Researchers Encounter Challenges with Study Development Protocols
Study protocols might be noncompliant with IRB requirements, which means several rounds of reviews before the research can proceed. “We wanted to address the issue of inconsistent compliance with research protocol requirements in order to reduce delays,” says Alison Oliveto, PhD, vice chair for research in the department of psychiatry and behavioral sciences at the University of Arkansas for Medical Sciences.
The institution implemented an online protocol development tool with the hope of reducing delays in IRB approval.1 Oliveto and colleagues examined whether the tool provided helpful guidance for investigators and whether it led to shorter times to IRB approvals. They surveyed 23 study investigators; this small sample hindered the work to some extent. It was unclear whether this small sample was because few investigators were developing protocols at the time or whether there was just a general lack of interest. “Also, the tool itself had more quirks than anticipated that were not apparent. This made the tool less intuitive and led to lost work that frustrated users,” Oliveto laments.
Oliveto and colleagues intended to collect follow-up data on the tool’s effectiveness. It turned out this was not possible. Not one protocol was submitted using the template the tool generated. Participants gave various reasons for not using the tool. For some, the issue was they were familiar with the existing protocol development templates at the institution and did not want to switch. Others did try the tool, but they struggled to save their work, and gave up. “One of the issues was that the online tool was not integrated into the institution’s existing templates,” Oliveto says.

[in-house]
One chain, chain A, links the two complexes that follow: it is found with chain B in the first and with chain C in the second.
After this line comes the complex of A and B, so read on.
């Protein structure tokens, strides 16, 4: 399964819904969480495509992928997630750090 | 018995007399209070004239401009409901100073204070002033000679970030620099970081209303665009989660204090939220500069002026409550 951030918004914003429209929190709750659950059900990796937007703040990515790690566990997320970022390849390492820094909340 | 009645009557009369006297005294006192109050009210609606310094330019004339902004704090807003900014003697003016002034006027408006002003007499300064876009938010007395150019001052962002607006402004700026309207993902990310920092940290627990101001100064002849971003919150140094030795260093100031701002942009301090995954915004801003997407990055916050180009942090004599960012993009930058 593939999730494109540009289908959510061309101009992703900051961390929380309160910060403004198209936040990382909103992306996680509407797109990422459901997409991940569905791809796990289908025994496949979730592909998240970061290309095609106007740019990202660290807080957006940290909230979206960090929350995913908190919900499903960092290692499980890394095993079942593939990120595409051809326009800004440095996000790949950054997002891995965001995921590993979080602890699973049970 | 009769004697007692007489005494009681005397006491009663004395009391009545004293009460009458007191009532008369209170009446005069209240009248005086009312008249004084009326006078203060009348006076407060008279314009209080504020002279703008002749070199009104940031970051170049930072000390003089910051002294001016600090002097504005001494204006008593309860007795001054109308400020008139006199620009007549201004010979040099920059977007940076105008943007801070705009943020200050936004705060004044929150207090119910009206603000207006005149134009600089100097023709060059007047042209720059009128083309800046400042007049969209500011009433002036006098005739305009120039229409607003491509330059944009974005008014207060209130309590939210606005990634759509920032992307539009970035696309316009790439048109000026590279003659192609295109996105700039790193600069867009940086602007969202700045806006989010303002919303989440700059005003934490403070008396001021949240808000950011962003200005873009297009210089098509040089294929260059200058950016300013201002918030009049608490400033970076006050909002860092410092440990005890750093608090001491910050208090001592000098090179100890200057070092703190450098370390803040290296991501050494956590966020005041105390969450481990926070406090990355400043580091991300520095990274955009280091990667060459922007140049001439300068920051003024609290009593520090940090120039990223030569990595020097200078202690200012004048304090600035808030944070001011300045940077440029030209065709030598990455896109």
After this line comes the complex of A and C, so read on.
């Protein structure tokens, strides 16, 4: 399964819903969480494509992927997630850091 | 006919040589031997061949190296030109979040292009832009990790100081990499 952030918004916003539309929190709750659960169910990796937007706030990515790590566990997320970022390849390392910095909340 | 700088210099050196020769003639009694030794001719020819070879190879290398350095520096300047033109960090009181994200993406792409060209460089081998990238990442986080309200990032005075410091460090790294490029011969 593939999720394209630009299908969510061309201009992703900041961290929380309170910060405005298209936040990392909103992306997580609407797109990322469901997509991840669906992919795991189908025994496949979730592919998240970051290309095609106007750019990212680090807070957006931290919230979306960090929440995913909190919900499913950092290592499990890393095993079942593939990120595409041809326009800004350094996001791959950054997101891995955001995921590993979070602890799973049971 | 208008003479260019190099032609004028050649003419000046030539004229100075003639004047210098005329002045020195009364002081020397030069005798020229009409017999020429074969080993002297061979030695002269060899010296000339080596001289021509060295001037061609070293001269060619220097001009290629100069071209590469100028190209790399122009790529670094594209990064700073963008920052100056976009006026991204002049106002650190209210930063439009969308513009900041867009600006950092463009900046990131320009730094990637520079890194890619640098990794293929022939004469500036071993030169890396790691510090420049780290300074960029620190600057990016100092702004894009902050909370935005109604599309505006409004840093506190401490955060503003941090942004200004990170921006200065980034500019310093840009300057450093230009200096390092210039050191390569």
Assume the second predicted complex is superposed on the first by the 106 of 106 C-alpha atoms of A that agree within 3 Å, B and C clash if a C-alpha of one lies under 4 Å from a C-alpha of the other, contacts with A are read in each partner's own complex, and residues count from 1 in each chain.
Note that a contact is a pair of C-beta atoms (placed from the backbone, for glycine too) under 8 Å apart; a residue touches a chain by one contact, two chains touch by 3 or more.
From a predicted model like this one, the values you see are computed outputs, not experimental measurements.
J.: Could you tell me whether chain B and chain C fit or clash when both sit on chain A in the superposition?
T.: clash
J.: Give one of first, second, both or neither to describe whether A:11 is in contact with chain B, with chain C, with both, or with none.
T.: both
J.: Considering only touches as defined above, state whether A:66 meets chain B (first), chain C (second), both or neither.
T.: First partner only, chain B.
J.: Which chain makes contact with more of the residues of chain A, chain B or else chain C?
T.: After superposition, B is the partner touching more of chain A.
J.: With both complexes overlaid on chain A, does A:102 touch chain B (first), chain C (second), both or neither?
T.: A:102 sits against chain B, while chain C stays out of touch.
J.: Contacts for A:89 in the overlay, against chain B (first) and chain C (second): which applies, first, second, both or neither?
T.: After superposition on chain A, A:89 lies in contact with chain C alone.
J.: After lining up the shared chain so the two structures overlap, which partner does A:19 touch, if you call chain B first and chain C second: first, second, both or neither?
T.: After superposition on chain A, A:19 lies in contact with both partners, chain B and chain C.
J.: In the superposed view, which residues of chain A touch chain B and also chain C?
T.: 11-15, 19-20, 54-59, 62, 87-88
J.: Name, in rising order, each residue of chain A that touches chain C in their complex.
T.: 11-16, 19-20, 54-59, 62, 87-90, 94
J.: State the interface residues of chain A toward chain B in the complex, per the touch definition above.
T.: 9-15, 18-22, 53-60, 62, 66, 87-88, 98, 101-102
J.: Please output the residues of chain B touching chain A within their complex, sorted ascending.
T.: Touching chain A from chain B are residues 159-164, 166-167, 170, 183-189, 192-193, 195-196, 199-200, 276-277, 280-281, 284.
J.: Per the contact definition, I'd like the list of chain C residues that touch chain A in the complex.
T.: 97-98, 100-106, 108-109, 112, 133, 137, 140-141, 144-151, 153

Thus, a completed protocol had to be saved, downloaded, and then uploaded into the IRB submission system. The online tool has been discontinued, at least for now. Oliveto and colleagues remain open to the possibility of integrating protocol development tools into existing institutional templates as a possible way to expand use in the future. “Locally developed templates, when used, seem to help enhance protocol compliance, although the guidance in the template is not always followed,” Oliveto says.
Online protocol development tools that require completion of necessary protocol sections may help enhance protocol compliance. “However, these tools likely need to be customized to the institution and integrated within ongoing IRB processes in order to be more feasible and acceptable to investigators,” Oliveto says.
Delays in IRB approval happen for many reasons. “Often, study teams misclassify their study submissions or misunderstand what types of studies qualify for expedited IRB review,” says Edward Kuczynski, director of the human research protection program at the University of California, San Francisco (UCSF). Some common examples of issues that cause delays:
- Any study involving exposure to ionizing radiation cannot be considered minimal risk, although investigators often assume a simple chest X-ray represents no more than minimal risk.